Those wishing to follow the growing global trend for simple, ecologically sound living could have no better example than Professor Yoshifumi Nakamura and his weekend haven, tucked away in the hills of Japan’s Nagano region.
Picture a simple wooden house surrounded by plum and persimmon trees and a vegetable-filled garden. In front, there is a sun-baked deck; jazz wafts in the background and a wind turbine purrs in the breeze. The smell of home cooking fills the air; there is not a power cable or telephone wire in sight. Welcome to Lemming Hut, an eco-friendly house in the hills of Nagano that has captured Japan’s green imagination and proved kindness to the environment and stylish living are not mutually exclusive.
It is the weekend home of Yoshifumi Nakamura, a professor of architecture and furniture design at Nihon University in Tokyo, and his wife Natsumi. As early as 1990, Nakamura proposed in a Tokyo exhibition his idea for a house powered entirely by nature. The caption for his imaginary house read: “This is a plan for my own recreation hut with sloping grass… plenty of sun and a constant sea breeze. I will enjoy a humble life without using much energy. I will stop using the lifelines of civilisation – electricity and telephone wires, and pipes for water and gas. I’d like to use only natural energy: wind power for electricity, rainwater for drinking and solar power for heat.”
Fast forward to the summer of 2007 and Professor Nakamura’s dream has become a reality. Minus the sea view, it’s just as he envisioned: a Japanese Lohas (Lifestyles of Health and Sustainability) fantasy brought to life. The house is made of natural materials – cedar walls, pine floors, tatami mats and yoshizu sun blinds, made the traditional Japanese way. The garden, fertilised with kitchen compost, is full of rucola and indigo plants grown by Natsumi, a retired arts-and-crafts teacher who weaves her own fabrics and experiments with home-grown dyes.
The house is in Miyota, a hilly area covered with vegetable gardens and fruit trees, not far from Karuizawa, the genteel mountain resort favoured by Japanese royals and smart weekenders from Tokyo. Nakamura discovered it as a dilapidated (but still occupied) farmhouse and persuaded the family to sell it to him. He kept the basic footprint of the house and built his new cedar structure around it.
Japan’s slow-life Lohas magazines – crunchy publications awash with brown rice and linen smocks – are going wild for the house. It has no outside sources of power, with all of its electricity coming from two solar panels and the windmill.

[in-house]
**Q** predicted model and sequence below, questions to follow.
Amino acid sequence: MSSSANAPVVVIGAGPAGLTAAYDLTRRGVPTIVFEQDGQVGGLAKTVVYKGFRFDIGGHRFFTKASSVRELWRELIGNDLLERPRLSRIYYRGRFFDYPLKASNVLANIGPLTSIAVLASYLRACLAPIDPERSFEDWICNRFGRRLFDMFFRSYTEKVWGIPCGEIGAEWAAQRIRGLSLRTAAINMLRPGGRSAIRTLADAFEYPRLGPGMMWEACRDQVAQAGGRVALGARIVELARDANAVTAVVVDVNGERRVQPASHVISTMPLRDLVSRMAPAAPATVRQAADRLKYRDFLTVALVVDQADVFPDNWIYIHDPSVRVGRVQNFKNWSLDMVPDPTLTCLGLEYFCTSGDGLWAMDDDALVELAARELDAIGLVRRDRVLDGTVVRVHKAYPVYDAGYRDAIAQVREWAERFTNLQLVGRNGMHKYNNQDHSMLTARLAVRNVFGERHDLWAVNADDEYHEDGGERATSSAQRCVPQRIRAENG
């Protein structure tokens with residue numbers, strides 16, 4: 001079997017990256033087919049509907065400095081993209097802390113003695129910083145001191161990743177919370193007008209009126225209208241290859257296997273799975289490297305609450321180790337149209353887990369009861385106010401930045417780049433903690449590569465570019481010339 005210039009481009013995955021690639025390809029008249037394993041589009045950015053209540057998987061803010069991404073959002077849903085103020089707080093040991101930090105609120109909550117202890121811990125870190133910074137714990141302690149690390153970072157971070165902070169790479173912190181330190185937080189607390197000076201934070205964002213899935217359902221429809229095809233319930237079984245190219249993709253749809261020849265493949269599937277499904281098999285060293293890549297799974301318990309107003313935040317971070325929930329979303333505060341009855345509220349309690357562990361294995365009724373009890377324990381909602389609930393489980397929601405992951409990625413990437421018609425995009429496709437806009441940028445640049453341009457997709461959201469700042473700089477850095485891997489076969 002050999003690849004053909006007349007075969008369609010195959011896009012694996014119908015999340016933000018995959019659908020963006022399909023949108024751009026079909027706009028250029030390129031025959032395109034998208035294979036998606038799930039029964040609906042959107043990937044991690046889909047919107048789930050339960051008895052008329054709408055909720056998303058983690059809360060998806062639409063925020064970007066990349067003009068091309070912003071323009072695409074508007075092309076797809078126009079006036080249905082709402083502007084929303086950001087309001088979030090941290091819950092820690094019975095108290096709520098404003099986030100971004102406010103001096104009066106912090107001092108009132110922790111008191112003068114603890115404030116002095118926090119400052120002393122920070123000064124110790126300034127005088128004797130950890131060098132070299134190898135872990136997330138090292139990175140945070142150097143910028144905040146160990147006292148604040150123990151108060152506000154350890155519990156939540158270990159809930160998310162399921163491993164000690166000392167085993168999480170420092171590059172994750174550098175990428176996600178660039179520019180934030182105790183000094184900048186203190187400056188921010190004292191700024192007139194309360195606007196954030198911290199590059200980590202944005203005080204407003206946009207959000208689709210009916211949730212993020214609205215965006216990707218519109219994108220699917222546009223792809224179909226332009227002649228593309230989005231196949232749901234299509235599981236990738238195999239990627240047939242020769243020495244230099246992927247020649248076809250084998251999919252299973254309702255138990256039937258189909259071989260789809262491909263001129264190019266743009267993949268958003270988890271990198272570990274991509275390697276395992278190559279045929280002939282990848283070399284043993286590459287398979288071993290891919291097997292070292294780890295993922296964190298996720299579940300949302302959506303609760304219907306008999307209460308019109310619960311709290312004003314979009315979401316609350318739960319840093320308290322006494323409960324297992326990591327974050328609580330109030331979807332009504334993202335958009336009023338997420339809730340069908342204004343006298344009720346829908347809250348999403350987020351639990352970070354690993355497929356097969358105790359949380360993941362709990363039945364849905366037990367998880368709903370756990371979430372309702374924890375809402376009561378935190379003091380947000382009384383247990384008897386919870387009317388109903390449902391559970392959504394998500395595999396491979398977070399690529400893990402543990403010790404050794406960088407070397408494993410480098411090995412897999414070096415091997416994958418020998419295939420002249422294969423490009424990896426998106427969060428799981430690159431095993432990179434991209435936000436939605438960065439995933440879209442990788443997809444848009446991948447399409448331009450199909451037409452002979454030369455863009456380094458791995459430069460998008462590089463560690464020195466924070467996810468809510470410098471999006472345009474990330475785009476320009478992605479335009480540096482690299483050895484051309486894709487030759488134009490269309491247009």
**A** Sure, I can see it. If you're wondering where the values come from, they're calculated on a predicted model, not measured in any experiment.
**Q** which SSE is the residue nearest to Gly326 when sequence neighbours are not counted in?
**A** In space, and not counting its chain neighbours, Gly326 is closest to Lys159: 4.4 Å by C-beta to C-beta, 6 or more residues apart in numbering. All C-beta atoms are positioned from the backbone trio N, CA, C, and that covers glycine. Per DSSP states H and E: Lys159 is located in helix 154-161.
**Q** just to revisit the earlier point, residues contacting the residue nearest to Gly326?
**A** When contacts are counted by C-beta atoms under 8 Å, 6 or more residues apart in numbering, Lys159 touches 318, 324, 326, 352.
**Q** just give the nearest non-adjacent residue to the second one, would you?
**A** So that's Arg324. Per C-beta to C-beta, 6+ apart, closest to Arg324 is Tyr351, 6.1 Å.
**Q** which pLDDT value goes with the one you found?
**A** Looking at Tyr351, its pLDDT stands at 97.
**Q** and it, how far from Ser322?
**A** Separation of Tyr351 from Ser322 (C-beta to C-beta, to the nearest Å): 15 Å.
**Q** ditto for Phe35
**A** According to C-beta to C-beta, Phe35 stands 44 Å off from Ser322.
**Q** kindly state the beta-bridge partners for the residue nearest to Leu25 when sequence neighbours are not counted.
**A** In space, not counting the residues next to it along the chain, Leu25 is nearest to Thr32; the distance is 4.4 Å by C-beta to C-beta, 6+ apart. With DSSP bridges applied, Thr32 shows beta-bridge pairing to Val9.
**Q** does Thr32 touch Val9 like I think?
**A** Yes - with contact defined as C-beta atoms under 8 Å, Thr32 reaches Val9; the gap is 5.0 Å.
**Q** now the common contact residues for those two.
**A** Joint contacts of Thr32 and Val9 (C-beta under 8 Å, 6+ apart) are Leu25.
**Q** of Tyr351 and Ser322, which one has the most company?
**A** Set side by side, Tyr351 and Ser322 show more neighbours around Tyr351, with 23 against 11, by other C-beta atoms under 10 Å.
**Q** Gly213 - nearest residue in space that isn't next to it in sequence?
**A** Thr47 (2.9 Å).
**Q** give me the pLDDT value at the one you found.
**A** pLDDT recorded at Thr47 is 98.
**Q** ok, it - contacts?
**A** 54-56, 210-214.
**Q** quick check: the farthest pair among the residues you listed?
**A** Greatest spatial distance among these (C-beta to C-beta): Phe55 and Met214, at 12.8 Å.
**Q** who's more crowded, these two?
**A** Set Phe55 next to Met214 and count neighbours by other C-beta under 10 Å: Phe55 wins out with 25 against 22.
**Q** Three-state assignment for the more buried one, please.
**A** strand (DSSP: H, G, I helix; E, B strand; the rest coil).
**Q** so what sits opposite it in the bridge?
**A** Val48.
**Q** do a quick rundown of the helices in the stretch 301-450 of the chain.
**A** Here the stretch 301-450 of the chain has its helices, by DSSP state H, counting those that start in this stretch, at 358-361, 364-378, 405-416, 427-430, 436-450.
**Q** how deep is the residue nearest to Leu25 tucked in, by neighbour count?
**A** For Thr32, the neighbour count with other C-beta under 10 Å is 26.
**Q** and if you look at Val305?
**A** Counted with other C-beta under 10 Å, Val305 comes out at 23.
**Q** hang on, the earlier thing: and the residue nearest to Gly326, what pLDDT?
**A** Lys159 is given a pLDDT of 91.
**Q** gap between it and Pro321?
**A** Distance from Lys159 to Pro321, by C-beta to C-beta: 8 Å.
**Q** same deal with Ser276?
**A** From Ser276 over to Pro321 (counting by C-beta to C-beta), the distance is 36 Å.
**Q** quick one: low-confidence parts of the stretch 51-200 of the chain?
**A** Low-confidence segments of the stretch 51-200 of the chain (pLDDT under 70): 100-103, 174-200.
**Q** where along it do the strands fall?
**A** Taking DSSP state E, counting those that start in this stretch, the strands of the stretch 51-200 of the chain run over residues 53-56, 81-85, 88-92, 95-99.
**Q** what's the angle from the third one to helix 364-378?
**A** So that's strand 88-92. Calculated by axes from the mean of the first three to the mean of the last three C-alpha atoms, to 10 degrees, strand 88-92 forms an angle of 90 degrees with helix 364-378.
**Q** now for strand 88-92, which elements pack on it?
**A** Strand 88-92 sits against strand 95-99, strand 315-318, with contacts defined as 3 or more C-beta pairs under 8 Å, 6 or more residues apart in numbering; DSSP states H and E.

The water used in the house – from the toilet to the bath – is rainwater that is drawn down the sloping roof, filtered (using a system by Wisy of Germany) and stored in an underground tank. To get the water flowing from the taps, it is pumped by hand to a higher tank made from a recycled whisky barrel.
When fully charged, the hut’s Zephyr Alternative Power generator can last for three to four days. There are just two light bulbs in the house, which are pulled across the ceiling to wherever they are needed. The lavatory is a special model that uses less water than average. Instead of an energy-draining fridge, the Nakamuras have created a makeshift version – a polystyrene box packed with ice. Natsumi dishes up a tasty organic vegetable hotpot cooked on a basic-looking charcoal hibachi – the house’s only means of cooking. The food is served on a long oak table designed by Yoshifumi.
Nakamura has travelled widely and been heavily influenced by visits to the Shaker village at Pleasant Hill in Kentucky. “I learnt a lot about the way they used things,” he says. “The Shaker way of life is very efficient. I hate impractical design that looks good but doesn’t really work – design for design’s sake. When I designed our wood-burning stove, I thought about the function first, and the design followed from that.”
He has added a small freestanding bathhouse that’s surrounded by hinoki (scented Japanese cypress), with a cast-iron bathtub inside called a goemonburo (at one time a common feature of Japanese homes). This cosy outhouse doubles as Nakamura’s study or as an extra bedroom if required. The house sleeps up to 10 – more for anyone willing to sleep in tents or on the deck – and Nakamura’s students are regular visitors.
Nakamura doesn’t want to be seen as a spokesperson for the Lohas movement, which has become a thriving industry in Japan. “I’m not completely negative about it,” he says. “We all have to think about the earth and I want to avoid chemicals as much as possible. I’m not on an ecological mission. Some people are fanatical about it – I’m not. I just enjoy the lifestyle.
“When I see big, luxurious houses, I’m not impressed. I like small houses where people live happily. This house doesn’t have all the conveniences but, in its own way, it’s a luxury.”
Walk into any Japanese bookshop and you’ll see Lohas publications. This concept – an acronym for Lifestyles of Health and Sustainability – has caught on like wildfire in Japan. Dozens of magazines (Ku:nel, Sumu, Ecocolo) extol the virtues of simple living, and new journals emerge every month devoted to all things rustic – from vegetables to home baking – and featuring enticing zakka (stuff) for accessorising your earthy lifestyle. Most readers will still spend their mornings jammed into a carriage on the Yamanote Line – but it’s nice to dream.